Endo vs Yoshikaze – Time to see if Endo’s arm is still hurt. If you recall, he withdrew for a while in May, and then came back for some reason only to lose every single match. The diagnosis on the certificate that took him kyujo in May was a torn bicep. Just like Kisenosato’s torn pectoral, that’s surgery time in most cases. One thing is for sure, the crowds in Nagoya will be shouting with both lungs for these two fan favorites.
Daishomaru vs Kagayaki – I make no effort to hide that I really like Kagayaki’s sumo. It’s driven by fundamentals, and his technique is steadily improving. It will be great to watch him deal with Daishomaru’s low center of gravity and energetic oshi-zumo style. If he can get Kagayaki moving backward, he wins.
Kaisei vs Takakeisho – What a great match. The truly massive Brazilian against a tadpole with something to prove. Takakeisho is out-massed by a large factor, so I am curious if we are going to see him unleash the “wave action” tsuppari to overcome the gravity well.
Abi vs Mitakeumi – Back at Sekiwake, Mitakeumi needs to get in gear. He has the potential to join the Ozeki ranks, but he just can’t seem to get consistently into double digits. Abi has a lot of potential, but his sumo is a bit narrow right now, and this may be the basho where everyone figures out how to negate his enormous reach.
Ichinojo vs Chiyonokuni – The battle of the Grumpy Badger and the Boulder, my only disappointment is that the match is on day 1 when both men are going to be slow and rusty. Watching Chiyonokuni flail away in his energetic style against a rikishi made of stone is best savored in week 2, when everyone is warmed up and eager for wins.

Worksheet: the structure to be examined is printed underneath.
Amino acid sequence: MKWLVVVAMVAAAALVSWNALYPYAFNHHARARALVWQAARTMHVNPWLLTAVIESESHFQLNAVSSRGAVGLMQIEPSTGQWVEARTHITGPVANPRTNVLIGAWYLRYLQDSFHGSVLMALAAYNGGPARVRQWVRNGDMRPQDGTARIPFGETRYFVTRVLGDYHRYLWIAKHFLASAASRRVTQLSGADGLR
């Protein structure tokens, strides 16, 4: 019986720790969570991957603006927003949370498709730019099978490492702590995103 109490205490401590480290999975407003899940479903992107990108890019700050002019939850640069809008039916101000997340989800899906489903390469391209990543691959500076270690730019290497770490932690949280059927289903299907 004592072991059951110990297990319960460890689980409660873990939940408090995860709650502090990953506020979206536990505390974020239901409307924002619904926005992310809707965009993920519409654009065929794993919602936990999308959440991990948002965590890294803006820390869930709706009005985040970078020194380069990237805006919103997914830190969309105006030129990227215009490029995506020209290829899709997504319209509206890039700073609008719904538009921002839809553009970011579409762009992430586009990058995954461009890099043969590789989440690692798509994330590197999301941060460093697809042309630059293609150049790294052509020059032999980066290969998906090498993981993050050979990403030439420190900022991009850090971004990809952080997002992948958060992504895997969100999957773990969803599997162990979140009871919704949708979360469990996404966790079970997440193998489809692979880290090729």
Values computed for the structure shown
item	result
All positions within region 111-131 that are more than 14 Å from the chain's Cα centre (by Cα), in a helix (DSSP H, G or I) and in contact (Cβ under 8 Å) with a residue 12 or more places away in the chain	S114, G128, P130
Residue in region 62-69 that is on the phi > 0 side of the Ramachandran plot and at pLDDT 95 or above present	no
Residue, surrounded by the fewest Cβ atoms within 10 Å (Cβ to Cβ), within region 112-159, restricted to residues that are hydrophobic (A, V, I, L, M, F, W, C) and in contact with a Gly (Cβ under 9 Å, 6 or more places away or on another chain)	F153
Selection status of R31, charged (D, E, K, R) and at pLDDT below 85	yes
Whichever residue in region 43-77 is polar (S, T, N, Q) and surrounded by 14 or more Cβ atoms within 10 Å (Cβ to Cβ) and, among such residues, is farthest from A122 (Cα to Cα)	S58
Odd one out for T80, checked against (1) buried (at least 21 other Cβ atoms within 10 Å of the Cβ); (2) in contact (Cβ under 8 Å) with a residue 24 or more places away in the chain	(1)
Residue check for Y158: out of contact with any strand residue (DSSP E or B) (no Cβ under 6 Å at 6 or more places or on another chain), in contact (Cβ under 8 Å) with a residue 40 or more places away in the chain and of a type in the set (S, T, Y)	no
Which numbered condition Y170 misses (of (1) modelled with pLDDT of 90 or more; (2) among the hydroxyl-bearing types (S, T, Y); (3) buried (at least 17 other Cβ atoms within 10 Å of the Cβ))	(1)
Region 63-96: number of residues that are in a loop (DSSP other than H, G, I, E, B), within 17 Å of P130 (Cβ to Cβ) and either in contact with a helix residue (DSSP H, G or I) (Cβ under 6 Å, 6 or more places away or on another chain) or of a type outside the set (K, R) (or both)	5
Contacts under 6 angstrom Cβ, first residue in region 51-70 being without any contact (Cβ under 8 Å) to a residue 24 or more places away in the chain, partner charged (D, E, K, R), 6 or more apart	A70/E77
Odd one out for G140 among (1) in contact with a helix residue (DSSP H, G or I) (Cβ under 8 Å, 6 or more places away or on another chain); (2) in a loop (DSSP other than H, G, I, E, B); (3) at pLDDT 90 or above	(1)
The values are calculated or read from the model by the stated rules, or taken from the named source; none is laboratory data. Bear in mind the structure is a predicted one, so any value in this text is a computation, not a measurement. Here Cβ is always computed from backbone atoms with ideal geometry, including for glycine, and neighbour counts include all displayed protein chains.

Ikioi vs Tochinoshin – Eager for wins? Why yes, we have three Ozeki, and two of them are kadoban and need wins at all costs. Reports going into Nagoya hinted that the right wrist, which Tochinoshin hurt in May, is still bothering him. During the break prior to Nagoya, Tochinoshin traveled home to Georgia, and attended many functions and events. I think even his hard core fans know that he is going to be less than fully genki this time, and that’s ok. Ikioi is hopefully in better physical shape than he was for the last two tournaments, where he could barely walk off the dohyo at the end of each match.
Kotoshogiku vs Takayasu – A savory match. Kadoban Ozeki Takayasu, who looked pretty terrible in pre-tournament practice bouts, up against a re-energized Kotoshogiku. We hope that Kotoshogiku continues to carry forward his winning ways in Nagoya, as it would be a delight to see him return to the San’yaku for Aki. Takayasu needs 8 wins to clear kadoban, which should be easy for him if he’s healthy.
Goeido vs Shodai – Goeido also needs 8 wins in the worst possible way, and we just hope he does not resort to lame-ass sumo techniques like daily henkas and obligatory pull downs. His day 1 against Shodai will be all about Goeido, as I am not sure Shodai can repeat his startling performance of Natsu, where every opponent seemed to find ways to self-defeat to Shodai’s benefit.
Tamawashi vs Hakuho – The Boss is looking solid. If he can keep his toes in working condition, he’s a yusho contender this time. Tamawashi is eager to push back to Sekiwake, and if possible double-digits.
Kakuryu vs Shohozan – Kakuryu, at times, is the crown prince of ring rust. But I think he will overcome Shohozan’s mostly frontal attacks. Just don’t complain if he does it moving backwards.
8 thoughts on “Nagoya Day 1 Preview”
Anyone know what time the first match is today? Thanks!
Typically 8:30 AM in Japan
Thanks Bruce. Awesome write up btw, sorry for the brevity of the previous question! In a rush today haha
N00b question: Among the ozeki, obviously kachi-koshi is a minimum standard. It’s clear what the two rikishi in kadoban have to do this time (gambarize, Takayasu, gambarize!), but what about Tochinoshin? Will eight wins suffice to keep him at this level, assuming all other ozeki and yokozuna accomplish at least eight?
Yes, it will, as a ōzeki can only lose his rank if he is kadoban already.
Two losing records in a row and he is demoted with the chance of instant re-promotion if he manages 10+ win in the following basho .
He could go 0-15 this basho and would still be Ozeki at Aki :)
Those images on top, what are those? Never saw these before….
New sumo merchandise for sale at the Kokugikan, and probably Dolphins Arena too. A set of sumo themed coasters.